Associazione Nazionale Personale Aero Navigante



Turboprops, propeller-driven
planes shunned for being slow and noisy, are enjoying a renaissance as
airlines seek more efficient short-haul aircraft to counter soaring fuel

Generally used on flights lasting up to four hours and carrying an
average of 70 passengers, turboprops were consigned to history by most
airlines years ago.

However, as operators struggle to maintain profitability, the
propeller-driven planes, which typically burn around 25 percent less fuel
than similar-sized jets, have seen a resurgence in demand.

"With a slowing economy, high pressure on airlines' costs and
rocketing fuel prices, there is strong growth potential in the regional
market," said Stephane Mayer, chief executive of French-Italian regional
turboprop manufacturer Avions de Transport Regional (ATR), at a Farnborough
Airshow briefing.

Toulouse-based ATR, the world leader in the 74-seat prop market,
shrugged off the current tough economic climate to estimate regional
airline passenger traffic will grow an average 8 percent annually for the
next 20 years.

ATR, a joint venture between Italy's Finmeccanica and EADS , has seen
a 63 percent increase in demand over the past year and has a record order
backlog of $1.3 billion.
With demand clearly growing, ATR, which makes the 46-50 passenger ATR
42 and 68-74 seat ATR 72 regional turboprop aircraft, is now considering
producing a new 90-100 seat plane, having ruled out stretching the ATR 72.
Without offering a timeframe for production or going into specifics,
Mayer said the larger capacity ATR would be similar to the new ATR 72-600
due to enter service in 2010, but with a lighter airframe, lower emissions
and greater comfort compared to similar turboprops and jets.

"Market trends are moving towards larger capacity aircraft, which ATR
intends to address. No final decision has been taken, but we are evaluating
our future product strategy," Mayer said.
ATR, which sees its 2008 turnover topping $1.3 billion, up from $1.1
billion in 2007, expects to deliver over 60 turboprop aircraft this year
and 80 by 2010. It delivered 44 last year.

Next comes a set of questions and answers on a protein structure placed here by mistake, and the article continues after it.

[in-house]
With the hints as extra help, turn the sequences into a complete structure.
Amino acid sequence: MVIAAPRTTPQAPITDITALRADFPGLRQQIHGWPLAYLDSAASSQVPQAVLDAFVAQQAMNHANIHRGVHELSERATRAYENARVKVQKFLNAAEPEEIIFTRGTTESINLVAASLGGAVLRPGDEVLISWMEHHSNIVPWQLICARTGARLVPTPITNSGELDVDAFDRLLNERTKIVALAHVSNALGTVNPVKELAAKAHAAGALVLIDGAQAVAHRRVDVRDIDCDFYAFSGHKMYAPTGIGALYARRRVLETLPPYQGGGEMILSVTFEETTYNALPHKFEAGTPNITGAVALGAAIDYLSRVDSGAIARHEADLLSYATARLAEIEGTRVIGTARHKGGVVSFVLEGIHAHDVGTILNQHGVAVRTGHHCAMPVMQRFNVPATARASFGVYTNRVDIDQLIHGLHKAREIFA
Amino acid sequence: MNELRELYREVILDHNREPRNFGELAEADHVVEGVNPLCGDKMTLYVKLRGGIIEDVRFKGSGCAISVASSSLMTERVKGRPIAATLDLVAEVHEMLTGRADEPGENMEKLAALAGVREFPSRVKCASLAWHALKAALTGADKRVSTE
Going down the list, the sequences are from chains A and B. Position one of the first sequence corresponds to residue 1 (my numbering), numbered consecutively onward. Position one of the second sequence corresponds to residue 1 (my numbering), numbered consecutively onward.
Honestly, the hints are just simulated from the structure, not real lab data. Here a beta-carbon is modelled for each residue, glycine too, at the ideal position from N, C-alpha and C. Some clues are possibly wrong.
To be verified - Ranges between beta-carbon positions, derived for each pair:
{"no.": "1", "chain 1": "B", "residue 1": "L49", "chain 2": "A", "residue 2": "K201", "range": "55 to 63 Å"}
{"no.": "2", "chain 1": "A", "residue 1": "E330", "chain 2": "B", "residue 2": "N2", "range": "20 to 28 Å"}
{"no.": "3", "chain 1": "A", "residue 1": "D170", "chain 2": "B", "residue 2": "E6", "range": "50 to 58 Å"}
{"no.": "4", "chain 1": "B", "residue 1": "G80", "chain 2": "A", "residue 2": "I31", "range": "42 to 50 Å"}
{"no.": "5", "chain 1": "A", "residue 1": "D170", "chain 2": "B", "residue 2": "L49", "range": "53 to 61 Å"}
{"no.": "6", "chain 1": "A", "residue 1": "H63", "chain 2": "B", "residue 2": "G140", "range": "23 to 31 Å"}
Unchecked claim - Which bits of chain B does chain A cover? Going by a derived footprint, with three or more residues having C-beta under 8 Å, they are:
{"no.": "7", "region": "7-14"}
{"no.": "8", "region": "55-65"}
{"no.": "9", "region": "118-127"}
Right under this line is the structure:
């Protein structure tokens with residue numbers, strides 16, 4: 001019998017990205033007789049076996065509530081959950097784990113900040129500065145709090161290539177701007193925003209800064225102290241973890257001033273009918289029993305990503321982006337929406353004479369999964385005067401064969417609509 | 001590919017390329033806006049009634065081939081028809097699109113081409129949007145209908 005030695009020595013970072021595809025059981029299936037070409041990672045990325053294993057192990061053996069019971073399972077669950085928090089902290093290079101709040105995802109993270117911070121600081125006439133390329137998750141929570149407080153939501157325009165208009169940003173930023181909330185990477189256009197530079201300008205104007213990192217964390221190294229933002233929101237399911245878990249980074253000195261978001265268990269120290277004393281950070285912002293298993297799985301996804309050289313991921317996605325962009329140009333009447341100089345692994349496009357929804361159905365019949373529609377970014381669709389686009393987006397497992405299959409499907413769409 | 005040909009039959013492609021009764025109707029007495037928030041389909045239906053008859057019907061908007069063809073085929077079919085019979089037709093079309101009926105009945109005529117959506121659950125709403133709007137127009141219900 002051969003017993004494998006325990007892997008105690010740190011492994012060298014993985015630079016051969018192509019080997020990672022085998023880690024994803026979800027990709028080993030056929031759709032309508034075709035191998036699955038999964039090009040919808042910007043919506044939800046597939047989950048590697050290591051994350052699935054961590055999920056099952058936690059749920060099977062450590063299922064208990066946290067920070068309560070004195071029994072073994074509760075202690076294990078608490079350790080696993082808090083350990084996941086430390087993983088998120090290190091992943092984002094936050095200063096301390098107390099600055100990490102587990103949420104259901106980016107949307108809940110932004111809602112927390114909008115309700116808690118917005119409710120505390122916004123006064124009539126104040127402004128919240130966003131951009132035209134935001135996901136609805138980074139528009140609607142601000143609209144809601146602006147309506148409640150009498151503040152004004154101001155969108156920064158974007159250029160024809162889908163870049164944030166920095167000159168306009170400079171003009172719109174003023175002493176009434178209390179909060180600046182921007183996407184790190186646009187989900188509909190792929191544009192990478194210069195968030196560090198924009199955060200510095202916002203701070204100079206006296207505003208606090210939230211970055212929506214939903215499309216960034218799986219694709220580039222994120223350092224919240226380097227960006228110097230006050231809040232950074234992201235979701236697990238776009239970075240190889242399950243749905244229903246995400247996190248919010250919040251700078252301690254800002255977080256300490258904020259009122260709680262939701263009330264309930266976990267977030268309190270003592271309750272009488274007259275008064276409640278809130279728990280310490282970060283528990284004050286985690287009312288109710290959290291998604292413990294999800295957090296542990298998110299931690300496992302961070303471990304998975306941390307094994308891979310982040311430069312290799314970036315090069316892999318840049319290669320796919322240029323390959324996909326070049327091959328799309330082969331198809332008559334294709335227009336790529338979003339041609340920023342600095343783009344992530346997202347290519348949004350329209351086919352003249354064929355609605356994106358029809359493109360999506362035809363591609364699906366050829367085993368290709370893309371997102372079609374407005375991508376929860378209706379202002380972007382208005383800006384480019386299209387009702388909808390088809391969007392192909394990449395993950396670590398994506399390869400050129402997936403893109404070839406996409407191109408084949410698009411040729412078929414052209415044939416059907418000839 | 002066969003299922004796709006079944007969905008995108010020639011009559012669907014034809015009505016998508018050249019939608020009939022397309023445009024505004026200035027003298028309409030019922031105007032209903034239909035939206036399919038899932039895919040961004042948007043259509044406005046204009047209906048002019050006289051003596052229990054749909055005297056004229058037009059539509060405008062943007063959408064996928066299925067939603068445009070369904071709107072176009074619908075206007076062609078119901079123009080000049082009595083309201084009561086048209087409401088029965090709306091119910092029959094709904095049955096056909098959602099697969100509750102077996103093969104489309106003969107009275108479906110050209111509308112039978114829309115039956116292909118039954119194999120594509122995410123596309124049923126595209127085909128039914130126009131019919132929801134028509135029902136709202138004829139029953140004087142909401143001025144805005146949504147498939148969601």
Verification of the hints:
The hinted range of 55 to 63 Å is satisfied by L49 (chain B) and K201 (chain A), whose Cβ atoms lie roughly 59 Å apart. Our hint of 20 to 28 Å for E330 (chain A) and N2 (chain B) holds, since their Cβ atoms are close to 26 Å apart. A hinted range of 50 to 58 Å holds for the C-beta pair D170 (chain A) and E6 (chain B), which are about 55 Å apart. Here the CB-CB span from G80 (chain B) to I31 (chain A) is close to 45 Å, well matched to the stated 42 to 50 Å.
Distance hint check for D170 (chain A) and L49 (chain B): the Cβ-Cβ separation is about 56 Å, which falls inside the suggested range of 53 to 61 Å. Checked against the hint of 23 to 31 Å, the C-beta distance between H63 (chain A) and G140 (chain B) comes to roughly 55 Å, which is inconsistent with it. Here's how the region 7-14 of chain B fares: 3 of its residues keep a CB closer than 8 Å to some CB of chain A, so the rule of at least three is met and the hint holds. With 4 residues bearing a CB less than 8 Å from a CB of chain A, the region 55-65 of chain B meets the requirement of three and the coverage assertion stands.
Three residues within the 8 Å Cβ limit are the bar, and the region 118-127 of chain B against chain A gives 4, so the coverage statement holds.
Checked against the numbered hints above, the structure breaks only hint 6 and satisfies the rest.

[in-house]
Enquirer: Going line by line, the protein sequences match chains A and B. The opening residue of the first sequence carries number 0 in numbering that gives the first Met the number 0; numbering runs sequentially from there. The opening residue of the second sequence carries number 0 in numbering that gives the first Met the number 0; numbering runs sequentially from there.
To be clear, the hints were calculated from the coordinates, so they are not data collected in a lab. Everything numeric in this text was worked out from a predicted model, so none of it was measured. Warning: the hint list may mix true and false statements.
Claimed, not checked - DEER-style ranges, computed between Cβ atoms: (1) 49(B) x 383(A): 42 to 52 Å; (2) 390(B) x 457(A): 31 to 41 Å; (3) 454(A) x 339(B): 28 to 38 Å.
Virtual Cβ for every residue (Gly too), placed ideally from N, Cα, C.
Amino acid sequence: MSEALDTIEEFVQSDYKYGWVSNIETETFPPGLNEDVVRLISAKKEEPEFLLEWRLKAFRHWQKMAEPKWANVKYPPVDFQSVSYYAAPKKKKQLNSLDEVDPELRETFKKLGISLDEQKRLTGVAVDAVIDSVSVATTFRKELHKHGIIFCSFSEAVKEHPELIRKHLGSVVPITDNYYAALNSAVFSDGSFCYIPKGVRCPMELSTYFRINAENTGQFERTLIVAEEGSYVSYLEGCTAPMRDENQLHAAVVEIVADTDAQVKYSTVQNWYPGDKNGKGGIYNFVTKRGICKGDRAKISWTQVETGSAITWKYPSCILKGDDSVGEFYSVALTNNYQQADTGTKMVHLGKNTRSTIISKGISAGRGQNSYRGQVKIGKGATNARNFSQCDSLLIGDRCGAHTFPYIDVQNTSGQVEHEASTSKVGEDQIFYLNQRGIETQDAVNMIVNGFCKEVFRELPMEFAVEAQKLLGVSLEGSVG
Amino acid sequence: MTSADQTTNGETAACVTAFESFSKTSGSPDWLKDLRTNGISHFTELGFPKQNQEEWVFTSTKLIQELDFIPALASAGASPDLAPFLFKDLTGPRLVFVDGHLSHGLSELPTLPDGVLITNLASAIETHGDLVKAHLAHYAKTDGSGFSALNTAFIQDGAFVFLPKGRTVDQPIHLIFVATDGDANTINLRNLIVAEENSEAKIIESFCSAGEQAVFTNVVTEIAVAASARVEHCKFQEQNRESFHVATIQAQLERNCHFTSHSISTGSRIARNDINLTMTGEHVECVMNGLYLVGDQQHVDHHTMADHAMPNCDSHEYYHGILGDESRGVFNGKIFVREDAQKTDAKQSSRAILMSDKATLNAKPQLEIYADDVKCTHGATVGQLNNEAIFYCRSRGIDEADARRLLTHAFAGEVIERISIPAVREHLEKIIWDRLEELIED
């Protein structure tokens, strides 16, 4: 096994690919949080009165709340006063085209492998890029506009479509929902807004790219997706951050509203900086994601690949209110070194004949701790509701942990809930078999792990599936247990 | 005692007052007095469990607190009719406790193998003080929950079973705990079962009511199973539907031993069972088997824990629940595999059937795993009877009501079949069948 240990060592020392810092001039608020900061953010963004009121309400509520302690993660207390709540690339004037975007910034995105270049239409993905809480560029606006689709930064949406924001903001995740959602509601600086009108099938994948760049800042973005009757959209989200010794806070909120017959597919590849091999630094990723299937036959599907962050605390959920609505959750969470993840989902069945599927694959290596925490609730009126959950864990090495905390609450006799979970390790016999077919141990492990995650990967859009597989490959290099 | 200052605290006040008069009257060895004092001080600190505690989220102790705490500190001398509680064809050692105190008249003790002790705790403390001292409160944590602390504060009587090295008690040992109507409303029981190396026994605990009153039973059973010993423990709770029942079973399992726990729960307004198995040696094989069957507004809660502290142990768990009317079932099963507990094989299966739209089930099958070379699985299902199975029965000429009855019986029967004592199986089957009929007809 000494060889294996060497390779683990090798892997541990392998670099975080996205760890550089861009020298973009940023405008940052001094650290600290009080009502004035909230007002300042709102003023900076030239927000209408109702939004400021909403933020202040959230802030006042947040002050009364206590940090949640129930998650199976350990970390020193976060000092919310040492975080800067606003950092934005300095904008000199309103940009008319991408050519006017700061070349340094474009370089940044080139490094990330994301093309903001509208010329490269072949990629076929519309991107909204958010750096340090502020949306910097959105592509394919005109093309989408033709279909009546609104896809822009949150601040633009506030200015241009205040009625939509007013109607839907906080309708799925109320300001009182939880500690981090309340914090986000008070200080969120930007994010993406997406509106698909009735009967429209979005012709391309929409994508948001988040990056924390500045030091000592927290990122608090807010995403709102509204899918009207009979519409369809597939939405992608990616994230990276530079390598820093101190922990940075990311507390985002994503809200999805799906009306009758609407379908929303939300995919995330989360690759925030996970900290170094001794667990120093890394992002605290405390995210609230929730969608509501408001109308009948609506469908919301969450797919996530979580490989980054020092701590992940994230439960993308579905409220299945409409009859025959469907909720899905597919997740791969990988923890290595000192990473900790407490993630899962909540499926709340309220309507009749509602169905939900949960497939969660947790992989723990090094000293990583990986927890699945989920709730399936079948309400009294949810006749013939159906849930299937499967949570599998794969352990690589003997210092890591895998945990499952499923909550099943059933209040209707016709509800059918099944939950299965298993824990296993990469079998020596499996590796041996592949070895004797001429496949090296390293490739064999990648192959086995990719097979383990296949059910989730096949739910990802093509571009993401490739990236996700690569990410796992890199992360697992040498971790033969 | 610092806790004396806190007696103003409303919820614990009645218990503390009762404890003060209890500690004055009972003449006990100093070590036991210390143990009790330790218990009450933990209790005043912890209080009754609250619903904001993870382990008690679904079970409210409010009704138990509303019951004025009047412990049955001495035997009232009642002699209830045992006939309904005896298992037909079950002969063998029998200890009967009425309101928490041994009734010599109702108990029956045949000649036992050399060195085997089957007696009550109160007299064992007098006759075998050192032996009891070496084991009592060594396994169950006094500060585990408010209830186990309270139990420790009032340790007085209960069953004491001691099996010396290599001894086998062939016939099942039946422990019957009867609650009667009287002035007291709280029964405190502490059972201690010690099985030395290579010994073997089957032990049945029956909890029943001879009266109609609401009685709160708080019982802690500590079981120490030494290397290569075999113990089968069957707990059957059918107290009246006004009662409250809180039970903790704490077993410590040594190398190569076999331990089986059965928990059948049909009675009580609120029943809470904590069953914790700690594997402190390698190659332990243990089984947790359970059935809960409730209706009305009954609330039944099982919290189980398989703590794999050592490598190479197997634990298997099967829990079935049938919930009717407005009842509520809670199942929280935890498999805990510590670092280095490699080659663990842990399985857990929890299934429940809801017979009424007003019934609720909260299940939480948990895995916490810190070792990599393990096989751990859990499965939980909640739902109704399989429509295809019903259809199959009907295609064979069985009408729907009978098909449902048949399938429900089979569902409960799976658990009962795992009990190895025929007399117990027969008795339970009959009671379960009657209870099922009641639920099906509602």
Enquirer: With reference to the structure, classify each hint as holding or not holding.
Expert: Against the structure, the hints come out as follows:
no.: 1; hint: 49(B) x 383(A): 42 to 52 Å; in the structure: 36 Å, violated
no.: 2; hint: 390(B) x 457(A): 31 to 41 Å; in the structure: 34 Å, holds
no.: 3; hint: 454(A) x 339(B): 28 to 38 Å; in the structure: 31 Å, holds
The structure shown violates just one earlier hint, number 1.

However, the Franco-Italian outfit is unlikely to have things all its
own way with Canadian planemaker Bombardier , the only other remaining
manufacturer of turboprops for commuter airlines, currently studying a
stretched version of its Q400 model.

Bombardier has yet to give its next generation version of the Q400
the official go-ahead but Chief Executive Pierre Beaudoin recently said
there was "great potential for it in the long term".
Brazilian planemaker Embraer is also mulling a new turboprop, while
China's Xian is hoping to gain clearance for its 50-60 seat MA600. Also,
India's National Aerospace Laboratories (NAL), is in talks with Pratt and
Whitney to co-develop an engine for a 90-seat plane.

"Turboprops fly slower and make a lot of noise and that's why the
industry went away from them 30 years ago. But I think the turboprops,
specifically in the smaller, regional airplanes, are making a big
resurgence. We have seen a big increase in sales in the turboprop market in
the regionals," said Paul R Adams, senior vice president of engineering at
Pratt & Whitney .

With record operating expenses hitting airlines large and small,
turboprops could once again become the plane of choice for smaller commuter
carriers who no longer believe regional jets offer value for money on
shorter routes.

But all is not lost for the regional jet, with Bombardier this week
announcing the launch of its all-new C Series due in 2013 and Russia's
Sukhoi booking deals at the Farnborough Airshow to take its order book for
the new SuperJet 100 to more than 100 planes.